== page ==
The Brother Band Chronicles by John Flanagan

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Swashbuckling adventure with mythical medieval Vikings? Sign me up.

The Brother Band Chronicles by John Flanagan. Philomel, since 2011.

  • Reading level: Age 12-15
  • Recommended for: From 12 years old

About the history of the Brotherband Chronicles

Hal Mikkelson is half Araluen and half Skandian. He has all been rejected.

In a society of Viking-like, stocky fighters like the Skandians, a thin type of inventor doesn't fit in of course. When Brotherband training for adults begins, Hal forms a team of similar outcasts: boys who each have something that differentiates them from mainstream Scandinavian society. Your "trainer"? Thorn, also an outcast, but an outcast with a long history as one of Skandia's most impressive warriors – before he lost his hand. As readers will expect, these outcasts form a brother band to beat all brother bands. But the first book only prepares the stage.

The following books show how Hal and his group (soon to join Lydia, a girl from another community) consistently defend the weak, outsmart the bad guys, and make friends that can't separate anything. Pirates, shameful villains, slave traders, cult leaders and more are defeated while Hal and his team work together against almost insurmountable odds.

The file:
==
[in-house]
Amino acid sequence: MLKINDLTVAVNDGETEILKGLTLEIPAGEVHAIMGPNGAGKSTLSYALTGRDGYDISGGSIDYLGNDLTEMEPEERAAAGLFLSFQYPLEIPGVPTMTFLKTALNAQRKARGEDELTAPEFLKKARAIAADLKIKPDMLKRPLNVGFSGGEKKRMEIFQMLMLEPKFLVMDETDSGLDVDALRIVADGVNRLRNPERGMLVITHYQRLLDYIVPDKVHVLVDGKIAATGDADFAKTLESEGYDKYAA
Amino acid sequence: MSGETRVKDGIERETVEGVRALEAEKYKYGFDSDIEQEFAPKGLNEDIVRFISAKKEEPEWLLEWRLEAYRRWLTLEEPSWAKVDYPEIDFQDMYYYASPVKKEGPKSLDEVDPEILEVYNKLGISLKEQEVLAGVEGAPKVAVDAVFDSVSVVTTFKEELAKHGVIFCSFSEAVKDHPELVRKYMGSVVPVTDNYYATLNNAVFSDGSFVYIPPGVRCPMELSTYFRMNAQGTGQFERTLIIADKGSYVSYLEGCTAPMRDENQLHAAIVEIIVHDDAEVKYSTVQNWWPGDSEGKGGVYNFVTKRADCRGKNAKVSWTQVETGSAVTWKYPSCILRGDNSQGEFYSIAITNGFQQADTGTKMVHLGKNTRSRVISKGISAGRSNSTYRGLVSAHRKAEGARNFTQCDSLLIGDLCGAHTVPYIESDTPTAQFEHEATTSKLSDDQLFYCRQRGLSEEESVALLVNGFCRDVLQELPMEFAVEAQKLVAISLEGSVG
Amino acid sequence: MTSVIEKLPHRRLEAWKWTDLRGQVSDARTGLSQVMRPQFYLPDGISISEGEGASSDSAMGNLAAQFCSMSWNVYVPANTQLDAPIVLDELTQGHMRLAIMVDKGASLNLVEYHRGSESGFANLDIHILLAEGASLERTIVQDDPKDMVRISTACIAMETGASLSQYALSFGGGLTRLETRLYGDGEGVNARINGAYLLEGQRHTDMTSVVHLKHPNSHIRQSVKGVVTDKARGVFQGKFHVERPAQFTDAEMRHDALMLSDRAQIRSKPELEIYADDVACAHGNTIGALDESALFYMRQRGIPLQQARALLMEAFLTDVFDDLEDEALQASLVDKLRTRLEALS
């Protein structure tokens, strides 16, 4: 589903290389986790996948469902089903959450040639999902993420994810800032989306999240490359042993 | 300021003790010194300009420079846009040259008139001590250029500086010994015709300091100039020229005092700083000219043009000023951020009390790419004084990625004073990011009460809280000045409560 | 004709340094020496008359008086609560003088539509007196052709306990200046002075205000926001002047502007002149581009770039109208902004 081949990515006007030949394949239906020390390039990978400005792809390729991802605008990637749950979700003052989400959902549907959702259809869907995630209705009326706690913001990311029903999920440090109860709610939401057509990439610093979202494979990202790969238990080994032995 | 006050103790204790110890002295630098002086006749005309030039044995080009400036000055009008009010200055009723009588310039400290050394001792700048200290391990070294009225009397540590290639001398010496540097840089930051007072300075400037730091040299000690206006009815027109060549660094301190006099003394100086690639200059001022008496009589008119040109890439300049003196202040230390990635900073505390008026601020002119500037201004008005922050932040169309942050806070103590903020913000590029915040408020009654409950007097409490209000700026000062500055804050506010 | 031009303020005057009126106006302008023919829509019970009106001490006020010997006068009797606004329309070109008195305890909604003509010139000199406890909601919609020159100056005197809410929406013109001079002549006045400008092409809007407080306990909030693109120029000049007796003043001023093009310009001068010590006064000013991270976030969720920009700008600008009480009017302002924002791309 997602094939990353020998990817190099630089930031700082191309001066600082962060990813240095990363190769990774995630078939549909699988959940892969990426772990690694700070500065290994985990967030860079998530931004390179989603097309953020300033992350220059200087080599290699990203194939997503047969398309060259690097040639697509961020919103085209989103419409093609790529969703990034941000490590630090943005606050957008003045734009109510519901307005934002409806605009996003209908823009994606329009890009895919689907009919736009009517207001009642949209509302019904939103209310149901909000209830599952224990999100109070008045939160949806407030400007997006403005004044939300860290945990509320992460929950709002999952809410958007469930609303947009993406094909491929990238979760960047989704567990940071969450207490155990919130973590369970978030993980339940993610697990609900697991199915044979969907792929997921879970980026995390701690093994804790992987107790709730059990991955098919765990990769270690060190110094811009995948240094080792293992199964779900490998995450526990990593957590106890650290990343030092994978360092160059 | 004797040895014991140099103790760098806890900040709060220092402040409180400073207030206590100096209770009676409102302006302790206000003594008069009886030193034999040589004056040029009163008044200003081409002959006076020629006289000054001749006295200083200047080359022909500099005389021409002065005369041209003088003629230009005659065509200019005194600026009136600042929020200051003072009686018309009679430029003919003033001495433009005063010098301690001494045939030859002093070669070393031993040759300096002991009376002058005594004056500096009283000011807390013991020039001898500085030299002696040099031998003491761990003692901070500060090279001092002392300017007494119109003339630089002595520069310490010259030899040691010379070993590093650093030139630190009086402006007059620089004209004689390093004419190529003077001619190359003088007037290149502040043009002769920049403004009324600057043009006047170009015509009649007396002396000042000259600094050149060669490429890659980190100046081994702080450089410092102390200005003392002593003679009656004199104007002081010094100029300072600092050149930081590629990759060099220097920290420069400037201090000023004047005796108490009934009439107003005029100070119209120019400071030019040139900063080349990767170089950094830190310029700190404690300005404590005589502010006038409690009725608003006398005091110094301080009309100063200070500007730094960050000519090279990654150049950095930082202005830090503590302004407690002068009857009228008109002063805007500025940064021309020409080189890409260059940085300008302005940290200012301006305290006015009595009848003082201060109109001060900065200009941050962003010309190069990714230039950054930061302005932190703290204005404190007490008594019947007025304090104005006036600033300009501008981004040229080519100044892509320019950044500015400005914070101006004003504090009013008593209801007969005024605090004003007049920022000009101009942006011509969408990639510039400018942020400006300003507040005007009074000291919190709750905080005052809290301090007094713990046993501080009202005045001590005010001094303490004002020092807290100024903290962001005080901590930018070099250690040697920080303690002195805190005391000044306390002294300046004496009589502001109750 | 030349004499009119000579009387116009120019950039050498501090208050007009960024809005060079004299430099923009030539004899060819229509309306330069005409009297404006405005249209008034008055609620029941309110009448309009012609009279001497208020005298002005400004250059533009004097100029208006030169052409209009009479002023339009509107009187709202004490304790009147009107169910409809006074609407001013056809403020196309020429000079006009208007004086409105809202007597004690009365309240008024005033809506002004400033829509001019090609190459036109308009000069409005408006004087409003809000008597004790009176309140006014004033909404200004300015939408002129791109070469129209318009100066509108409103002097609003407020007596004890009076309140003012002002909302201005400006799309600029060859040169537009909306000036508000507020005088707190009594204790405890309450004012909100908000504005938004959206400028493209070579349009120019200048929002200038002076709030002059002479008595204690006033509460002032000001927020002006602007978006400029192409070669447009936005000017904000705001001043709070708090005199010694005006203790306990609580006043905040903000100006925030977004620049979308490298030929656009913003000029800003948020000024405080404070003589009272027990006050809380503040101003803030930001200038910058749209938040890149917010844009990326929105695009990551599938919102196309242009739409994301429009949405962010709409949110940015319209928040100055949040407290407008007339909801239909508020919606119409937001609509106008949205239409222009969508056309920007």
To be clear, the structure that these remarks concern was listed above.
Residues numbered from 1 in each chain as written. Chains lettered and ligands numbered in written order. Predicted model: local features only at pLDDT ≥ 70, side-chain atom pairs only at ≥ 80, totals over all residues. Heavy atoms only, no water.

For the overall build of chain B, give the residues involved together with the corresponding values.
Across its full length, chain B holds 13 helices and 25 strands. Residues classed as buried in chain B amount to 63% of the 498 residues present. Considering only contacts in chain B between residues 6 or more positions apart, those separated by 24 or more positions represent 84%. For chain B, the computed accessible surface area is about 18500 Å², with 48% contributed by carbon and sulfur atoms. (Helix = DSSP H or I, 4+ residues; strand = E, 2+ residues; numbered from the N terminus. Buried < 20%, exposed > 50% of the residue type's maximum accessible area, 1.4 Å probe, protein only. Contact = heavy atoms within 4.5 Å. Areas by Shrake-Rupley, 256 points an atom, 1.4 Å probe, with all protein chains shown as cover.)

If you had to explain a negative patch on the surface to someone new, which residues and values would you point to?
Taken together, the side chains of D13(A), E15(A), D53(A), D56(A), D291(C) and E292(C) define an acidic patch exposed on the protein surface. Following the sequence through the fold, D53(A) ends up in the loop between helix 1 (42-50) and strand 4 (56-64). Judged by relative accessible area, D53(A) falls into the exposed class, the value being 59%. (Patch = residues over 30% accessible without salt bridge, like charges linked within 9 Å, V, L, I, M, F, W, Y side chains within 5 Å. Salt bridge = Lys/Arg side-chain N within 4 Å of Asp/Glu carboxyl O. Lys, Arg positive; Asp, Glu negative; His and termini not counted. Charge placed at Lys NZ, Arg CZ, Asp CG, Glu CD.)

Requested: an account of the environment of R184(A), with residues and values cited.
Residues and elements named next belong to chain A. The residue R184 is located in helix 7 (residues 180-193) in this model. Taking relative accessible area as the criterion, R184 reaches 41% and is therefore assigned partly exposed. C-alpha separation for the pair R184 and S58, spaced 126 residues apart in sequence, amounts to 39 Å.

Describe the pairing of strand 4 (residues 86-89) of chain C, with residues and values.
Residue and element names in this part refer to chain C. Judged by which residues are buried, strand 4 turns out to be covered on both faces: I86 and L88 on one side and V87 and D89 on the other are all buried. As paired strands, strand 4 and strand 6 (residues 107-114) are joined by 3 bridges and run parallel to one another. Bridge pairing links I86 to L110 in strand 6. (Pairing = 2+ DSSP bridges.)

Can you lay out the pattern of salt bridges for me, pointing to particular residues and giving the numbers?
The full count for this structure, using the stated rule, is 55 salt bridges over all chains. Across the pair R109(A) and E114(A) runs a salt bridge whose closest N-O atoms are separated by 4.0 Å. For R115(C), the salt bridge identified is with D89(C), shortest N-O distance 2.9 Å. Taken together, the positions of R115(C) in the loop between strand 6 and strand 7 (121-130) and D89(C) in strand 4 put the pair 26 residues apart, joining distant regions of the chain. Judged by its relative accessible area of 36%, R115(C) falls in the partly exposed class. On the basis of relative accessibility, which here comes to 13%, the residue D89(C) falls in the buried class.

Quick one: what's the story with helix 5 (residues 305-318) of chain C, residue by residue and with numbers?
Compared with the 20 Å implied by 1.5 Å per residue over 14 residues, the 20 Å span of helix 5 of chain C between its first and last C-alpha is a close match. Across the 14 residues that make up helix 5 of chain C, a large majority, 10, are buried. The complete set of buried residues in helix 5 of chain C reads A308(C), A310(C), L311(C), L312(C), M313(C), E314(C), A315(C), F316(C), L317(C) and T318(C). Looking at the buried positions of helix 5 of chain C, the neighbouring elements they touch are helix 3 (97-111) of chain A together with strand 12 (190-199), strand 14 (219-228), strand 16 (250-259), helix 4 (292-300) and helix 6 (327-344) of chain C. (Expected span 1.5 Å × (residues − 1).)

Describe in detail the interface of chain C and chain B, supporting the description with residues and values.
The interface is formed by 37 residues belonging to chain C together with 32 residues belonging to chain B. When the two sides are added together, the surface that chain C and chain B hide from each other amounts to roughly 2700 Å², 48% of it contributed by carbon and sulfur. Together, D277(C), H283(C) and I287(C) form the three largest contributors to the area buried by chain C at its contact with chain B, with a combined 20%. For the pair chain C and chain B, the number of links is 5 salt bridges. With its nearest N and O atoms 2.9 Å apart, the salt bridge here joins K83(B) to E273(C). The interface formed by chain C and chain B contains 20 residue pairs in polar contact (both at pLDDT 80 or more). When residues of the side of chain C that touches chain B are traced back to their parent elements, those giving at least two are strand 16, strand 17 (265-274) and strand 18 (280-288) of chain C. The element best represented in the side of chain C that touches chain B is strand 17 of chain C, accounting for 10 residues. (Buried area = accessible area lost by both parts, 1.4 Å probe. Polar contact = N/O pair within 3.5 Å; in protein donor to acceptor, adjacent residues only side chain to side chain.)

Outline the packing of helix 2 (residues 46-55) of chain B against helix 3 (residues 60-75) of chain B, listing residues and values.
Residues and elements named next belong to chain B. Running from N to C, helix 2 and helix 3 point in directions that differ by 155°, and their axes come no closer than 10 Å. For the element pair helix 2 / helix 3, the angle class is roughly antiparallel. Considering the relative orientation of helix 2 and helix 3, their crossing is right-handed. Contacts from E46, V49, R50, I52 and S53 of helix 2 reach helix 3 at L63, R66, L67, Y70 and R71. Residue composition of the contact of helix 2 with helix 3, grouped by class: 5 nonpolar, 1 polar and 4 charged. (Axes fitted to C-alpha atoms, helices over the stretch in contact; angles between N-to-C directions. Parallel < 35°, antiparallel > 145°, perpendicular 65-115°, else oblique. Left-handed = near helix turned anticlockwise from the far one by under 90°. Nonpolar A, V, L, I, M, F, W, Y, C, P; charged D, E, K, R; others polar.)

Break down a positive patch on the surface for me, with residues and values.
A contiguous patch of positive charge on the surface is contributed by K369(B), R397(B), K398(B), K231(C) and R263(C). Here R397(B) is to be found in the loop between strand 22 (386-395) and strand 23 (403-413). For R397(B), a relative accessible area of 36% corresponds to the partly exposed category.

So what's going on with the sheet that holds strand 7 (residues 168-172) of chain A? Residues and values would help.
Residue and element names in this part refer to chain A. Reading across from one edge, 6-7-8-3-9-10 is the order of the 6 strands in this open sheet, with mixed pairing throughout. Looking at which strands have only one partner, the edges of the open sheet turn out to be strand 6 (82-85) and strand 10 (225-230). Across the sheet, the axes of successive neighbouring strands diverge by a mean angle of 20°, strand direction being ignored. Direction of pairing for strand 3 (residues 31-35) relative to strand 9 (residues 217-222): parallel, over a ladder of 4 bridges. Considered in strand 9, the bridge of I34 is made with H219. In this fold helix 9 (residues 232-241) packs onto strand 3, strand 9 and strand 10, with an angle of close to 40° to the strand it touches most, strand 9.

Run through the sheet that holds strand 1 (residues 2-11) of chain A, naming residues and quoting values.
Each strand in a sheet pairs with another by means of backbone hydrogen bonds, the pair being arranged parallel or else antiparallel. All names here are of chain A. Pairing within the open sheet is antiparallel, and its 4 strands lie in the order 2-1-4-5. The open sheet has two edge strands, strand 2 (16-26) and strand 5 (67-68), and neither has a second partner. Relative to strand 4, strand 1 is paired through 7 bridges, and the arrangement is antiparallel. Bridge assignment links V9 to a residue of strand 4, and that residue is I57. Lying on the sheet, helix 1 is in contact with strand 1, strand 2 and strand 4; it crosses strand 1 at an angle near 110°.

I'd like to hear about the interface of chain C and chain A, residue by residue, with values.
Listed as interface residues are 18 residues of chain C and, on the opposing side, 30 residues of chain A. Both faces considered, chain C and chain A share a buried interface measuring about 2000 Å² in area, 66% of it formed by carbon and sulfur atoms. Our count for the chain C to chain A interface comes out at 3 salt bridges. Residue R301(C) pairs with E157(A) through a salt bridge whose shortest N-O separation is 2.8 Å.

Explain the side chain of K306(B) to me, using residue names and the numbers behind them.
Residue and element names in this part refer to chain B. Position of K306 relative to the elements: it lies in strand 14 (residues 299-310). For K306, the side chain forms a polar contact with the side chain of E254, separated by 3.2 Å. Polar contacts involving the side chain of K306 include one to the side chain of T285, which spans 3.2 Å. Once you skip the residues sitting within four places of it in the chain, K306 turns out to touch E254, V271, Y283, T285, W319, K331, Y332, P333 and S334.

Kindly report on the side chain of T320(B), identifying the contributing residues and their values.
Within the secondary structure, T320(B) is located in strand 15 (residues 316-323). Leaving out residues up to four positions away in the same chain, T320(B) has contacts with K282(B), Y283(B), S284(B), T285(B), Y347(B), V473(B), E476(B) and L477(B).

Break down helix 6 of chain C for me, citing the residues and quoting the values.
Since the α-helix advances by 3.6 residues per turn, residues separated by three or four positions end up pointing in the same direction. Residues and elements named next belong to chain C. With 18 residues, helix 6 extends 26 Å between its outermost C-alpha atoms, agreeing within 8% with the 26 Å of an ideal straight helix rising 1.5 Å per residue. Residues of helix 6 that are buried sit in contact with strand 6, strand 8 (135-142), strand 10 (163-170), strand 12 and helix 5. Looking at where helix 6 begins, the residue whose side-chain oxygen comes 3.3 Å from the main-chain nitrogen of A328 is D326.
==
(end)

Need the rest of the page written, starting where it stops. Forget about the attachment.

Brotherband Chronicles: More than action

Like its companion series, The Ranger & # 39; s Apprentice Saga, The Brotherband Chronicles are fun adventure readings that offer solid images of heroism and friendship in the middle of the action. Flanagan emphasizes bravery, self-sacrifice, self-control and the importance of using the strengths of each individual. Remarkably, his boys and girls are different: the boys are naturally stronger because they are larger, but the girls are no less valuable. Lydia is a pretty keen shooter and becomes an indispensable part of the battle plan, even if she remains determinedly female.

Perhaps also noteworthy in light of our current national discussions, the different races and nationalities are definitely factors in these books when the boys travel to different countries. Both The Ranger & # 39; s Apprentice Saga and The Brotherband Chronicles speak actions and character louder than race or family history. Bad guys are bad guys because they're bad; Heroes are heroes because they defend the weak against the villains' wrongful acts. Different races form coalitions and the different strengths and insights each brings to the table form a stronger team in the end.

This series is more violent than The Ranger & # 39; s Apprentice, but that fits the stereotypical image of Vikings and pirates. The Skandians speak like seafarers, but their oaths are in the service of mythical gods like "Orlogs Bart!" They serve to offer more amusing characterization than to insult them.

The Brotherband Chronicles are perfect for young teenagers who are looking for a carefree summer reading. They should be available from your local library or should be easy to find. (Please note that at the time of this review I only read Book 5, so that I can no longer speak with the content afterwards. I have no reason to suspect a significant difference, but we always recommend readers to read critically! )

Overall rating: 4 (out of 5)

  • Worldview rating: 4
  • Artistic / literary evaluation: 4

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